BLISS POINT

Eating in moderation a fallacy

Food manufacturers have engineered processed foods to be utterly delicious, insatiable and potentially addictive.

In Summary
  • Demonisation of animal-based fat, saturated fat, in particular, led to the explosion of dietary carbohydrates, specifically refined grain and sugar.
  • Is the concept of choice even applicable when it comes to processed foods, if once you start eating, you literally can’t stop?

If you are already overweight, the idea that you can eat ‘everything in moderation’ is a fallacy at best, and a pervasive marketing tactic, at worst, served to you by the food industry.

Most overweight people are carbohydrate intolerant. This means that their bodies are unable to process sugar (carbs) safely and effectively. You would not advise a person with a gluten allergy to eat bread in moderation. Neither would you advise a person with lactose intolerance to consume dairy in moderation. It is, therefore, illogical to advise an overweight, carb-sensitive individual to eat carbs in moderation.

A peanut allergy can kill quickly, but a carb ‘allergy’ can still kill, albeit slowly, via the diseases we have now come to recognise as metabolic diseases, such as diabetes. The trajectory of diabesity can be traced back to the introduction of national dietary guidelines in the western world. These guidelines eventually trickled down to and were absorbed by middle and low-income countries.

The demonisation of animal-based fat, saturated fat, in particular, led to the explosion of dietary carbohydrates, specifically refined grain and sugar. Natural fat was substituted for industrially manufactured fats and oils. Our food environment changed drastically, and so did our waistlines.

I was surprised to discover that there was no robust scientific evidence behind the launch and dissemination of the dietary guidelines. They are not fit for purpose, particularly for diabetics.

The bliss point is the perfect ratio of fat, sugar and salt that optimises the human brain’s pleasure experience. This lab-engineered taste trinity then bombards the pleasure centres in our brains with such ferocious intensity, that we cannot stop eating. The more we crave, the more we eat. The more we eat, the more profit they make.

Type 2 diabetes is a disease of carbohydrate intolerance. Refined grains and sugars result in high glucose and insulin peaks. Insulin is the predominant fat and sugar-storing hormone. Over time, over-exposure to insulin renders the body unable to safely dispose of blood glucose into cells and tissues. This sets off a chain of events that leads to insulin resistance – the hallmark of metabolic diseases, like diabetes. Eliminating these foods must be a priority for diabetics.

As an anti-sugar campaigner and a fervent advocate for a low carbohydrate way of eating, I was delighted to see a number of international dietary associations finally acknowledge the utility of low carb diets as a safe way to lose weight and control diabetes.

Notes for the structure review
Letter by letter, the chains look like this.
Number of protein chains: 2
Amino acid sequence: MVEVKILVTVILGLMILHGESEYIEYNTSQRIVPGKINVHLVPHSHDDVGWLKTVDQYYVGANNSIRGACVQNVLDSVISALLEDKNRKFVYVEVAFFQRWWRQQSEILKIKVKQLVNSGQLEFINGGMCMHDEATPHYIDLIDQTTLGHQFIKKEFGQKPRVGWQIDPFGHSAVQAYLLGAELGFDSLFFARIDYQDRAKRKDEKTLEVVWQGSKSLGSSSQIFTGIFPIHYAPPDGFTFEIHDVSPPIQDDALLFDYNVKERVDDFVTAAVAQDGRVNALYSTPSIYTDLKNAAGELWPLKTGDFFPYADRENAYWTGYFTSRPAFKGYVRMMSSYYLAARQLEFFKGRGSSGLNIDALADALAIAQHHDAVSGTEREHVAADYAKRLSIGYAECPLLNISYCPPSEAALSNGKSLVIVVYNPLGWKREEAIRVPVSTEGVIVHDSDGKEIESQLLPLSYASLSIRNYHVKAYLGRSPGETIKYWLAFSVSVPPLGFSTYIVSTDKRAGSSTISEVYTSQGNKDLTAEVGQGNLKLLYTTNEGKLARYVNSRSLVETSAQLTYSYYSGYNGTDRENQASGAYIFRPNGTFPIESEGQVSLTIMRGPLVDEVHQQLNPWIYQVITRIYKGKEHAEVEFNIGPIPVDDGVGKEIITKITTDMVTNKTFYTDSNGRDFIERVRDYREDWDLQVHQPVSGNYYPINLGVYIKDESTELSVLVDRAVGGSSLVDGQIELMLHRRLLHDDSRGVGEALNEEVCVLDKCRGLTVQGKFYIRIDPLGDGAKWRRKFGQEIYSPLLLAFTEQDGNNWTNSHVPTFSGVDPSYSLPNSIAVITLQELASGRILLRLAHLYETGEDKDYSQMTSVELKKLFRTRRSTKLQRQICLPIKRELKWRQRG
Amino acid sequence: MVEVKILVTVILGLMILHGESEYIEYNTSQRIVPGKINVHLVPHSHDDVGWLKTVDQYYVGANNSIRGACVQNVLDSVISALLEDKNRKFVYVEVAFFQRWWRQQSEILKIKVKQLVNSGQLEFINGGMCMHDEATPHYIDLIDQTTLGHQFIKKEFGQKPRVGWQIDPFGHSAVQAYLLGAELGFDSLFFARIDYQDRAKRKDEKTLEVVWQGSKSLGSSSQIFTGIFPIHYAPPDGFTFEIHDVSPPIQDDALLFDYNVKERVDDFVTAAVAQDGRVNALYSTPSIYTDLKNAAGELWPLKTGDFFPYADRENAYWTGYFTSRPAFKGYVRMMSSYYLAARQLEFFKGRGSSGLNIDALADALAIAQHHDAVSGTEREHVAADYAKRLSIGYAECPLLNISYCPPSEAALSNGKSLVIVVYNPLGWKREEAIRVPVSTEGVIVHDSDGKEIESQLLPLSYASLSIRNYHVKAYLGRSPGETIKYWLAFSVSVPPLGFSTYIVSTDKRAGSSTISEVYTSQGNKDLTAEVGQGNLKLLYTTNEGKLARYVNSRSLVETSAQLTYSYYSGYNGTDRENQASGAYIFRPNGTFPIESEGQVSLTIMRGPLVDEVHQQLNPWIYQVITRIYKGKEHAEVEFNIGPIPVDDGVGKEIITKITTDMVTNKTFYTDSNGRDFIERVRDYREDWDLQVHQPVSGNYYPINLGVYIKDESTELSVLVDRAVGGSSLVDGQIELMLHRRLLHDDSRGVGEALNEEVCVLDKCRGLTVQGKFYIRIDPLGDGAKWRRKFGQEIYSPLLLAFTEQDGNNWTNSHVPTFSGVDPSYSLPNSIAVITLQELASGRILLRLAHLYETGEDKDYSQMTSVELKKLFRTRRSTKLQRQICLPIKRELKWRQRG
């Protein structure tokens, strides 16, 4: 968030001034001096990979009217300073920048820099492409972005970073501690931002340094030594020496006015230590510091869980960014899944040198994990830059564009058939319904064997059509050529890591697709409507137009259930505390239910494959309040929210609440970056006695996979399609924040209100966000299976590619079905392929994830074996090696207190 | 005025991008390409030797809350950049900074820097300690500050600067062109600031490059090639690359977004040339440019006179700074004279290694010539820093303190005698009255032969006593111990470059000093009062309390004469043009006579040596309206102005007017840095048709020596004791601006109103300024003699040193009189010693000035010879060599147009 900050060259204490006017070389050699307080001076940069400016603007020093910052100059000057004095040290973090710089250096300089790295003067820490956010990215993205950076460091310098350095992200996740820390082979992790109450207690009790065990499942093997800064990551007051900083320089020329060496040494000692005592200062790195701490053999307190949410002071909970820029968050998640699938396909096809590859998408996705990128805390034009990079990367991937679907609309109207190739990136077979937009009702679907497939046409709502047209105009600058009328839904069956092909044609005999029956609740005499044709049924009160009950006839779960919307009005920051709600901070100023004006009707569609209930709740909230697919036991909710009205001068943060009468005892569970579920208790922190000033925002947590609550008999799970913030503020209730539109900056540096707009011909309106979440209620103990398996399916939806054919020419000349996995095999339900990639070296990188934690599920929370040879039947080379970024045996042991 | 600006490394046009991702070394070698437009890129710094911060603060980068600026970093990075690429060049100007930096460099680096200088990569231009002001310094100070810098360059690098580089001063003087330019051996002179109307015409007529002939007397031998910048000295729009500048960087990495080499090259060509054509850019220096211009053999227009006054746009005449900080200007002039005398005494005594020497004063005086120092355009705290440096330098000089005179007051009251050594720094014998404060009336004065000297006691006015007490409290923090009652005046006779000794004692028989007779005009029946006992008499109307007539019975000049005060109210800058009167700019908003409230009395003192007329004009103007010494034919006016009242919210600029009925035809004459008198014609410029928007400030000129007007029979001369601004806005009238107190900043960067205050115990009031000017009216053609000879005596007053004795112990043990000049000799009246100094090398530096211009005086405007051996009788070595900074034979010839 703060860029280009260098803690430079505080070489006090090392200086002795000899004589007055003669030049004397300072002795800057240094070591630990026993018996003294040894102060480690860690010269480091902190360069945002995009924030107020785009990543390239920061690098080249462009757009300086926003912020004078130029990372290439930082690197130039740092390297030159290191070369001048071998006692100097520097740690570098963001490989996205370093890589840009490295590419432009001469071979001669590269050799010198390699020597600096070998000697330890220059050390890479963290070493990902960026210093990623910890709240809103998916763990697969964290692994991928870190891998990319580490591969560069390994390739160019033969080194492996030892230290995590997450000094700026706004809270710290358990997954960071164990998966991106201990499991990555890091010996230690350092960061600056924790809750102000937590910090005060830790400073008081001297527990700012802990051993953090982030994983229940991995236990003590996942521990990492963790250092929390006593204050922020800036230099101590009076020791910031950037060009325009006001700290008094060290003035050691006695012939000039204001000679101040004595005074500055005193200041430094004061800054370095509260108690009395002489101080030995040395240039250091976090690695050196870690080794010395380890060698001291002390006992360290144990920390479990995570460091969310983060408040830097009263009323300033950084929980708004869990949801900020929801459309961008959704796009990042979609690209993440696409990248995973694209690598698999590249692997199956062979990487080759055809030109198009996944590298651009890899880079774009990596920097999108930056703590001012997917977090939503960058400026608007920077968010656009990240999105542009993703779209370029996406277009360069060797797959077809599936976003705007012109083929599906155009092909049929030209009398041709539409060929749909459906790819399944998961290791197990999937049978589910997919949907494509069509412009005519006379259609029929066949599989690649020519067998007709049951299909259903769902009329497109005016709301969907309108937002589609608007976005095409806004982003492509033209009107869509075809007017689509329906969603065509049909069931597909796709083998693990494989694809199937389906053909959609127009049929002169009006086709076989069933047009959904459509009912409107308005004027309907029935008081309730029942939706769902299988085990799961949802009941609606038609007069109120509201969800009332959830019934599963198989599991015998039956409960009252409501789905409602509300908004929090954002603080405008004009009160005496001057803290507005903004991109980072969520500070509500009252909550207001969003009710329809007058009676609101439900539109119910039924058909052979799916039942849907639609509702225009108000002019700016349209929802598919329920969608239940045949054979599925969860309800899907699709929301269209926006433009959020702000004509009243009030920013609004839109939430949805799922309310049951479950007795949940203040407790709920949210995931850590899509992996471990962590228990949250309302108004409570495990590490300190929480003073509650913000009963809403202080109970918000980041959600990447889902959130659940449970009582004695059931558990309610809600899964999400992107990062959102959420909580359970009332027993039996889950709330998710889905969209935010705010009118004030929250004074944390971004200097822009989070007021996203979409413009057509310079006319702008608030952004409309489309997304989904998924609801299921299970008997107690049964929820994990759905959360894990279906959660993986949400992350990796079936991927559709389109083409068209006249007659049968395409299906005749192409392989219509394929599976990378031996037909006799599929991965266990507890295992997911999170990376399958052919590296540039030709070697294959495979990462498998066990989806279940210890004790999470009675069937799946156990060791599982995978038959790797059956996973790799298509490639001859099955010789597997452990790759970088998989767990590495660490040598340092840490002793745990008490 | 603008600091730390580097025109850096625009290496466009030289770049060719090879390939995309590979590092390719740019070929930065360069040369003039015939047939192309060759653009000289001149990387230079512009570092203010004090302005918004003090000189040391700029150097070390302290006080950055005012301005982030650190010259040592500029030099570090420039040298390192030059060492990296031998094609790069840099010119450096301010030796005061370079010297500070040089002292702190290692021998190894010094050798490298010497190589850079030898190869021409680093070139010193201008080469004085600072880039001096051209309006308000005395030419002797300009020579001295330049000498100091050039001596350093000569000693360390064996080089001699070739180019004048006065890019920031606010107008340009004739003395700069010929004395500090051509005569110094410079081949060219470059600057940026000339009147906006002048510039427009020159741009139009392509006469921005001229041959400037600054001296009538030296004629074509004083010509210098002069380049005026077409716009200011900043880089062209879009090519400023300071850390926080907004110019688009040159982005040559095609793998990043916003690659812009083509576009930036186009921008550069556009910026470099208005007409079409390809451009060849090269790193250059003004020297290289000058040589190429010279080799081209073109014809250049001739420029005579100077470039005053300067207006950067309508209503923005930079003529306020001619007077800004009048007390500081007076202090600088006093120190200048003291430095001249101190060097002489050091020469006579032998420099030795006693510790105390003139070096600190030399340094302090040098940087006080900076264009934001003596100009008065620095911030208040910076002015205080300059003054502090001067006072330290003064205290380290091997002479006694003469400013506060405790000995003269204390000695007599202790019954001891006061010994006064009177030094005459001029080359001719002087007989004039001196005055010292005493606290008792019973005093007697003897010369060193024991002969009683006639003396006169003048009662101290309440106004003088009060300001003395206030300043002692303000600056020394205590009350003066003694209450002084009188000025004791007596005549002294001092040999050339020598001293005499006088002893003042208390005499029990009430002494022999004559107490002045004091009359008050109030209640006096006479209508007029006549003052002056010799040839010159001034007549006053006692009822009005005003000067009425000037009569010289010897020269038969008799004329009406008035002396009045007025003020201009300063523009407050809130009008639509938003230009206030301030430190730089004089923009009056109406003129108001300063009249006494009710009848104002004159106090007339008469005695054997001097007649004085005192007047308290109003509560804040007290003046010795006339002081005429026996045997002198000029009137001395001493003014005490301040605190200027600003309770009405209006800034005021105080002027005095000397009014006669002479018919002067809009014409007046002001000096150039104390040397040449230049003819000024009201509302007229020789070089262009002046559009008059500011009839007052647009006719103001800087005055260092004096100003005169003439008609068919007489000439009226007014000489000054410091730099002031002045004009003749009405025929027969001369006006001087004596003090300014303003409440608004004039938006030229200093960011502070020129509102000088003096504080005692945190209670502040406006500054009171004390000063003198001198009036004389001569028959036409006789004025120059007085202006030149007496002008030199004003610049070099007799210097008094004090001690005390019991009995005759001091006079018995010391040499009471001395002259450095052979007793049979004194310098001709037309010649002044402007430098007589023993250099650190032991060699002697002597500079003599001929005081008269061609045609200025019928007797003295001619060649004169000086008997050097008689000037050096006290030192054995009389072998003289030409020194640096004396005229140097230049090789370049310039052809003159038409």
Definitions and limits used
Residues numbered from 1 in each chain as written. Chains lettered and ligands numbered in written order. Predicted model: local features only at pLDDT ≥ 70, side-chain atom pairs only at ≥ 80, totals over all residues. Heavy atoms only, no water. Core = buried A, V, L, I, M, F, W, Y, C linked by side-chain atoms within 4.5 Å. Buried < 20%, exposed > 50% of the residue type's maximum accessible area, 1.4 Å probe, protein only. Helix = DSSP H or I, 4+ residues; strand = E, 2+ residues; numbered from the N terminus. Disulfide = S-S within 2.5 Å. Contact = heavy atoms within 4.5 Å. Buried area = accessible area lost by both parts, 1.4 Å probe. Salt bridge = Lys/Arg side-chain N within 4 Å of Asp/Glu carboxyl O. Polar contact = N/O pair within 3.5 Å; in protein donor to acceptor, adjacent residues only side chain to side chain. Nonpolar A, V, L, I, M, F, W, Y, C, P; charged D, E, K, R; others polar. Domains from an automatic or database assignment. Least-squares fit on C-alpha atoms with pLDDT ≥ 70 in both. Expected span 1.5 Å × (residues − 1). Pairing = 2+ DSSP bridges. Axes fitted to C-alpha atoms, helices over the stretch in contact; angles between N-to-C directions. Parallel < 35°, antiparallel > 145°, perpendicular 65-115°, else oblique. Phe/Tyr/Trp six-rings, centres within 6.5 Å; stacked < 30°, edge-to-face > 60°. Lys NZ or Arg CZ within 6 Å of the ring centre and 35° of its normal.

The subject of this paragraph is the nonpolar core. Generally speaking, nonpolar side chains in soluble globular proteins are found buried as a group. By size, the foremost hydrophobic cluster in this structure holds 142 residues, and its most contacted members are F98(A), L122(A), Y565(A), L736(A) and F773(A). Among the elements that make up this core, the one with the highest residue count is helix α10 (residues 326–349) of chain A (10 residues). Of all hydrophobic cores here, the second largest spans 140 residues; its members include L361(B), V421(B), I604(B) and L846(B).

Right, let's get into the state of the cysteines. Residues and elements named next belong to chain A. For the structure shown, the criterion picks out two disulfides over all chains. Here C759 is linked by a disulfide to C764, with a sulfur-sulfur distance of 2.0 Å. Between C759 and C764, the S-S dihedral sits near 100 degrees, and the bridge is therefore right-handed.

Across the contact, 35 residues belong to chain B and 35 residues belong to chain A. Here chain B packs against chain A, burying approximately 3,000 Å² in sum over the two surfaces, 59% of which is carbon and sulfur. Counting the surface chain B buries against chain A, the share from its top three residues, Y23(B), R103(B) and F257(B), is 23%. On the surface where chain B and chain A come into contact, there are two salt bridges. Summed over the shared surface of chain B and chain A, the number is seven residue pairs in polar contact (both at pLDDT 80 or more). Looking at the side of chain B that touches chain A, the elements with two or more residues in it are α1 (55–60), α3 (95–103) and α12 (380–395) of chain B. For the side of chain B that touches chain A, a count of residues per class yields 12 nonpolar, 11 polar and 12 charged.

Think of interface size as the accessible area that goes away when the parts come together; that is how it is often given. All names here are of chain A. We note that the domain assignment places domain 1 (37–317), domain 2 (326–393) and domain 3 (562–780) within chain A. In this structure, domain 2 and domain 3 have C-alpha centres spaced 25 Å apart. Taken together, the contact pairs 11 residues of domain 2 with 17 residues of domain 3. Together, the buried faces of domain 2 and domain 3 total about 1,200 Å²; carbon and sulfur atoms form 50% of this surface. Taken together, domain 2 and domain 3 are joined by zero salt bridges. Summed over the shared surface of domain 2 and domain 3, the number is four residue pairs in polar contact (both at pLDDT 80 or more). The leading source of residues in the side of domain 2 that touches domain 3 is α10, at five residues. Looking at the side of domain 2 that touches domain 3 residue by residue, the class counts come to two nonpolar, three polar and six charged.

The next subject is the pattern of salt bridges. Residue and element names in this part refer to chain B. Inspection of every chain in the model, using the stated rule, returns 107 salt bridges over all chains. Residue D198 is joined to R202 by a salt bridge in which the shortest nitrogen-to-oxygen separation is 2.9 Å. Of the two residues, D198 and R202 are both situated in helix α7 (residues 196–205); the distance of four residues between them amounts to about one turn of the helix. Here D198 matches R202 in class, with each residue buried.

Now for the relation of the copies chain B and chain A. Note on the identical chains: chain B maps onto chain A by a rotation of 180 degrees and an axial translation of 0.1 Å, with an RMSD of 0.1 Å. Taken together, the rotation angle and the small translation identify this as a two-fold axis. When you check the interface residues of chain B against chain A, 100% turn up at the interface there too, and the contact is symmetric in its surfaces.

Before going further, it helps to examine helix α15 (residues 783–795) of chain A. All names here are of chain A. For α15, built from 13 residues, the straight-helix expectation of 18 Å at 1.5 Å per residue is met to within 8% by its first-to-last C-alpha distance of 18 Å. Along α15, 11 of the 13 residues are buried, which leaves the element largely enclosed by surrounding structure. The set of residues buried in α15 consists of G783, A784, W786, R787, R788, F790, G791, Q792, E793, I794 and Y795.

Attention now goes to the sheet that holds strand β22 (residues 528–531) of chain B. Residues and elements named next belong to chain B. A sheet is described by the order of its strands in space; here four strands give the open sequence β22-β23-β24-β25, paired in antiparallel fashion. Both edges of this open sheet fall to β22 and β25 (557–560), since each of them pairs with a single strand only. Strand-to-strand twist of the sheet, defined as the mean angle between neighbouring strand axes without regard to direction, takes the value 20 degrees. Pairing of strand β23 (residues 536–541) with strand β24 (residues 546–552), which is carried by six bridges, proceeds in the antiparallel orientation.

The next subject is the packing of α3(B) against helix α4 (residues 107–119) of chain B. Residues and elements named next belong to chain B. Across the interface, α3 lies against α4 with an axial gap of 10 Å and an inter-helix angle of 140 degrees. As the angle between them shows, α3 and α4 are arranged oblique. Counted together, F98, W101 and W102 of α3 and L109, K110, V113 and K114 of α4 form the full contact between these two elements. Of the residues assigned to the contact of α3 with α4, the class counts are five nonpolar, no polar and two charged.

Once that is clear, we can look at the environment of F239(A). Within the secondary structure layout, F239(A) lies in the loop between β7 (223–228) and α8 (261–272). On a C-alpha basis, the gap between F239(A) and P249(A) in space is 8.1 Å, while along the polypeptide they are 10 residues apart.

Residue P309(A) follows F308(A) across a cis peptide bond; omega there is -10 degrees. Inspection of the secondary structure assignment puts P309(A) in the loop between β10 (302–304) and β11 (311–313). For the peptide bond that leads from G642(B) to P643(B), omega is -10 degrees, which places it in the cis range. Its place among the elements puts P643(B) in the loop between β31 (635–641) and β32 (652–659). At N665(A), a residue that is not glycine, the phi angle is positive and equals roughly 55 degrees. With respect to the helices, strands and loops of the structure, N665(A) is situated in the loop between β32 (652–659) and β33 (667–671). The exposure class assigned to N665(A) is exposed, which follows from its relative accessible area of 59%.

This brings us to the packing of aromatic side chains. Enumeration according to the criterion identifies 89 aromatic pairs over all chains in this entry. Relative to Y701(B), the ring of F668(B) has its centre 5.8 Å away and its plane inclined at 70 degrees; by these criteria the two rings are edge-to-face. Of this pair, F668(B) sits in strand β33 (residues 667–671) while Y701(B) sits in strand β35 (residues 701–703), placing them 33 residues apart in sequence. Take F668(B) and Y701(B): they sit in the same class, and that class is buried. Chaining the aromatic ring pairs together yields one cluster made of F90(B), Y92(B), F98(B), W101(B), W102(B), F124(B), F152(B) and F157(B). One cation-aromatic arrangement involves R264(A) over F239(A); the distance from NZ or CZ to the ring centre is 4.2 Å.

Most of the big players in the food industry advertise their fake foods such as soda, chocolate bars or sugary cereals, with the slogan ‘to be enjoyed as part of a healthy diet and lifestyle’. This pervasive marketing tactic shoulders the responsibility of weight control on the consumer and blames them for any weight gain.

The idea of eating addictive food in moderation is a fallacy because processed foods are created to be irresistible – a concept called the ‘bliss point’. The bliss point of processed food is the point at which food reaches the level of being as delicious as possible, yet not so satisfying that we don’t want more.

The slogan ‘to be enjoyed as part of a healthy diet and lifestyle’ seems to suggest that we can exercise away our food sins. This is evidently untrue because we simply do not have enough hours in a day to out-run a poor diet. It is not a simple matter of eating less and moving more. When we eat less, we want to move less. Similarly, when we move more, we want to eat more, not less.

The bliss point is the perfect ratio of fat, sugar and salt that optimises the human brain’s pleasure experience. This lab-engineered taste trinity then bombards the pleasure centres in our brains with such ferocious intensity, that we cannot stop eating. The more we crave, the more we eat. The more we eat, the more profit they make.

Food manufacturers have engineered processed foods to be utterly delicious, insatiable and potentially addictive. These foods essentially hack our brain’s biochemistry. We are continually being advised to consume less processed foods. How is this possible, if biochemistry determines behaviour? Is the concept of choice even applicable when it comes to processed foods, if once you start eating, you literally can’t stop?

In addition, the slogan ‘to be enjoyed as part of a healthy diet and lifestyle’ seems to suggest that we can exercise away our food sins. This is evidently untrue because we simply do not have enough hours in a day to out-run a poor diet. It is not a simple matter of eating less and moving more. When we eat less, we want to move less. Similarly, when we move more, we want to eat more, not less.

What we must do is drastically change how we eat. Nationally, this necessitates turning the food pyramid on its head, ie advising the public to significantly cut down on refined grains and sugars and encouraging more vegetables and animal-based protein and fat. As I have discussed in a number of previous articles, natural fat is safe, delicious and has never been causally linked to bad outcomes. It must be re-introduced to our plates.

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